So last week I wrote about how the USA Figure Skating team was not a Strong Team. I wasn’t trying to sound negative or suggest winning the bronze medal in that event wasn’t a great accomplishment, just that by them winning an event that’s the compilation of scores of several individual events does not a strong team make.
HOWEVER, this morning when I had my 5:00 am wake up I remembered the Men’s Curling Semifinal event was going to be on, so I ended up forgoing my normal morning routine and turning on the television to watch.
First of all, THEY WON! This is a big deal as they beat Canada, widely considered the best squad in the world, and this victory assures the US of their first Olympic medal since 2006.
In watching the match, I felt like I was watching a seminar on “How To Have a Strong Team” because there were five specific qualities I witnessed while watching this team.
Curling teams are ALWAYS communicating. Sometimes softly, sometimes screaming, but you rarely hear silence. They talk and strategize before each shot, and while the other team is shooting. They evaluate their previous shot and discuss how to course correct.
What’s great is how before each shot, team Skipper, John Shuster listens to each of the other teammates to hear their opinion on what they should do next. He then evaluates the options and chooses which way is best. Sometimes, he completely defers to the rest of the team, often though he makes the decision himself. When he does, the rest of the team seems to know they’ve been heard, but “Skip” is the one in charge and they trust him to do what he sees as best.
Strong Teams in churches communicate well and often. Leaders invite input from the rest of the team and then make the call. They evaluate where they’ve been and discuss options moving forward. Great team members trust the pastor to make the right call, even when they disagree.
Specialized & General Roles.
Each member of the curling team plays a unique role, but each also has a bit of overlap. Outside of the Skipper, it may seem like the other three guys do the same thing, but they don’t. If you watch close enough you’ll find that each person is specialized to perform specific actions in specific situations yet, despite this, they also support each other in the overall mission of the team.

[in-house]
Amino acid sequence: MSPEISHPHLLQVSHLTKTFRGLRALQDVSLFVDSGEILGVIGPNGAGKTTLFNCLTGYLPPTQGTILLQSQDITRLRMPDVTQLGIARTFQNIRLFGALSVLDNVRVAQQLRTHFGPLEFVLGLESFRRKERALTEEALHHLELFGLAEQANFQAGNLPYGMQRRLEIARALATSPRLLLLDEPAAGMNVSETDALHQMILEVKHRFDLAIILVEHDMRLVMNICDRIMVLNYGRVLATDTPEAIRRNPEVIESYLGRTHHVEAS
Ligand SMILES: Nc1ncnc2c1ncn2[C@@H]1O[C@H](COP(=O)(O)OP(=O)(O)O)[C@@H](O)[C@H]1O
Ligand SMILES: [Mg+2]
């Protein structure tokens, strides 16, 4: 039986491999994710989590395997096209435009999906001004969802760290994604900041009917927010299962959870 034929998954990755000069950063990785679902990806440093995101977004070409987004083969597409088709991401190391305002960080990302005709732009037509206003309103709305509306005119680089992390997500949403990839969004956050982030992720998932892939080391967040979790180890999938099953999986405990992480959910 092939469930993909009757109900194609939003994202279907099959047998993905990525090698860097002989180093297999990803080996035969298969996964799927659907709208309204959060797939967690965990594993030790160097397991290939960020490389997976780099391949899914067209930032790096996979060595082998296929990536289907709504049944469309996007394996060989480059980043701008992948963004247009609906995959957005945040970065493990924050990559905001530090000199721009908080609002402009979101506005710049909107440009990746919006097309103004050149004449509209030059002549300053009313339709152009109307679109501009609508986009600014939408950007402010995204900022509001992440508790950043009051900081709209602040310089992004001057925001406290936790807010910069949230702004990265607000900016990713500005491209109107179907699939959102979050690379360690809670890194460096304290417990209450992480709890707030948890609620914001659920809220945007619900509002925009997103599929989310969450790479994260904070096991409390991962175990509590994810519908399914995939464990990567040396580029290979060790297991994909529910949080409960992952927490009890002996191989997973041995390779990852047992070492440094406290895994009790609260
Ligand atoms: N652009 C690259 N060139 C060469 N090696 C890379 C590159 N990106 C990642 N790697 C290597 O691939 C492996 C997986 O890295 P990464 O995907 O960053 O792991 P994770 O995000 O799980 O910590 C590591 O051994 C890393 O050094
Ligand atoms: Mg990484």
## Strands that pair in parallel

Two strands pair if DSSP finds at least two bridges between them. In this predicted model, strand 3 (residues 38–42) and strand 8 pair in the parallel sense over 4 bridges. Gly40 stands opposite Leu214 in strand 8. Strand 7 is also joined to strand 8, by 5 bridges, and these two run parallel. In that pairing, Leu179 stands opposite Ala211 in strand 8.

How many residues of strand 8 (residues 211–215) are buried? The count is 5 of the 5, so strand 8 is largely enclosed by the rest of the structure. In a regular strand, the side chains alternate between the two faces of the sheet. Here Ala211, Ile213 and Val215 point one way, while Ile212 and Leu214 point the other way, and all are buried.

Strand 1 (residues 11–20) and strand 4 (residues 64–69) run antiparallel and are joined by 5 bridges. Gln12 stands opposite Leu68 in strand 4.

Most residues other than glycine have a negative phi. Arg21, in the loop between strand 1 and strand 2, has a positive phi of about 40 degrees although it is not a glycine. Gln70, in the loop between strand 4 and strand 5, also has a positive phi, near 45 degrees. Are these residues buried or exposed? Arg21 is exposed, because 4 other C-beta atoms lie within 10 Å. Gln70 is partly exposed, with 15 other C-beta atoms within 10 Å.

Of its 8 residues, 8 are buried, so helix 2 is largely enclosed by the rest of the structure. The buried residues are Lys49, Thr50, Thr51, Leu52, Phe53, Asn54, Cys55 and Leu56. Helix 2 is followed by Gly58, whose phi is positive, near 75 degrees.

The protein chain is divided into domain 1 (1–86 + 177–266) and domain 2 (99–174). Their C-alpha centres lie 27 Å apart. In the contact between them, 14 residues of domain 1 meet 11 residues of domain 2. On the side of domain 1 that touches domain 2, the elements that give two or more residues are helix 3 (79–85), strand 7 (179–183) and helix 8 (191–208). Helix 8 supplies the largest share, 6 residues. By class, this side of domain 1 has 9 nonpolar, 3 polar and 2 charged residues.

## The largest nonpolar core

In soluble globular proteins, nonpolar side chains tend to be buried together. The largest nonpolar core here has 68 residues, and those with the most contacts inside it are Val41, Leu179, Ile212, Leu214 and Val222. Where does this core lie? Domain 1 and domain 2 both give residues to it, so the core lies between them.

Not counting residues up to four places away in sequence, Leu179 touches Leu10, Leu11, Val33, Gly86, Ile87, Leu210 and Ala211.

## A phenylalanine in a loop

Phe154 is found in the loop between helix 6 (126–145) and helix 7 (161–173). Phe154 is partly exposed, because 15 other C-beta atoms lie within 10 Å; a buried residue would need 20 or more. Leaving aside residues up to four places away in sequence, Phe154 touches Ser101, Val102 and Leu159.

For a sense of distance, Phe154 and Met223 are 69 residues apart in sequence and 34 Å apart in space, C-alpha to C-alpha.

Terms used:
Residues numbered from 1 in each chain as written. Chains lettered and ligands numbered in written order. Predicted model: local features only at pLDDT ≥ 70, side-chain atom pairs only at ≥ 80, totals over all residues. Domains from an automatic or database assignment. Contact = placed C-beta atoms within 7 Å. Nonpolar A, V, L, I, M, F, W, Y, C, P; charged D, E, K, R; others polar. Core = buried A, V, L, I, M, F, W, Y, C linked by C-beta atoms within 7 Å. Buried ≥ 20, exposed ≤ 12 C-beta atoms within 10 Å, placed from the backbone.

One of my biggest pet peeves in church leadership is the “It’s not my job” guy. The one who leads a specific ministry yet complains or disappears when they are asked to help with tasks outside of their official job description. I once had a leader on my team that would always have a meeting he just couldn’t get out of whenever we needed to help another ministry out with set up for an event. Even if we asked 3-4 weeks in advance for him to adjust his schedule in order to help, it “just couldn’t be moved.”
Strong Teams don’t have space for the “It’s not my job” guy. They have specialized roles and responsibilities, yet they roll their sleeves up to help the entire team or other team members in times of need.
They Have Thick Skin.
There’s a lot of yelling in curling, so if you’re going to be a successful curler you have to get used to that. You get yelled at, and you get to yell at others. If your skin is too thin to handle this, then you won’t make it very far in the curling world.
What I noticed about these team members is that no one seemed to be offended when Shuster directed them to do something. He’s barking orders on international television and they seem ok with it. No one is embarrassed or arguing back to save face.
What’s also cool is Shuster doesn’t seem fazed when someone questions his decision or suggests another route. I refer to this earlier, but millions of people around the world are watching and he doesn’t seem to mind that his decisions as a leader are being challenged.
I’m not suggesting there should be yelling at one another on church teams, but a Strong Team member doesn’t get their feeling hurt when another person dares to suggest they may not be perfect. This is why Strong Teams need to be made up of Vibrant Leaders, because they are healthy and secure enough in themselves and their identities in Christ, that they realize they’re not perfect. They are more concerned about accomplishing the mission of the church than protecting their ego.
This goes double for senior leaders. To lead a Strong Team means you recognize that being challenged doesn’t mean being cut down and disagreement doesn’t mean dissension.
I was also really impressed with how this team had the confidence to take risks when they sensed momentum, but maybe I’ll talk about that in an upcoming podcast. (http://www.breakthruchurches.com/episodes/)
The bottom line is EVERY church that wants to consistently impact people’s lives for Jesus MUST have a Strong Team. If you’re not sure if your team is strong or not, we need to talk. Email me today at firstname.lastname@example.org.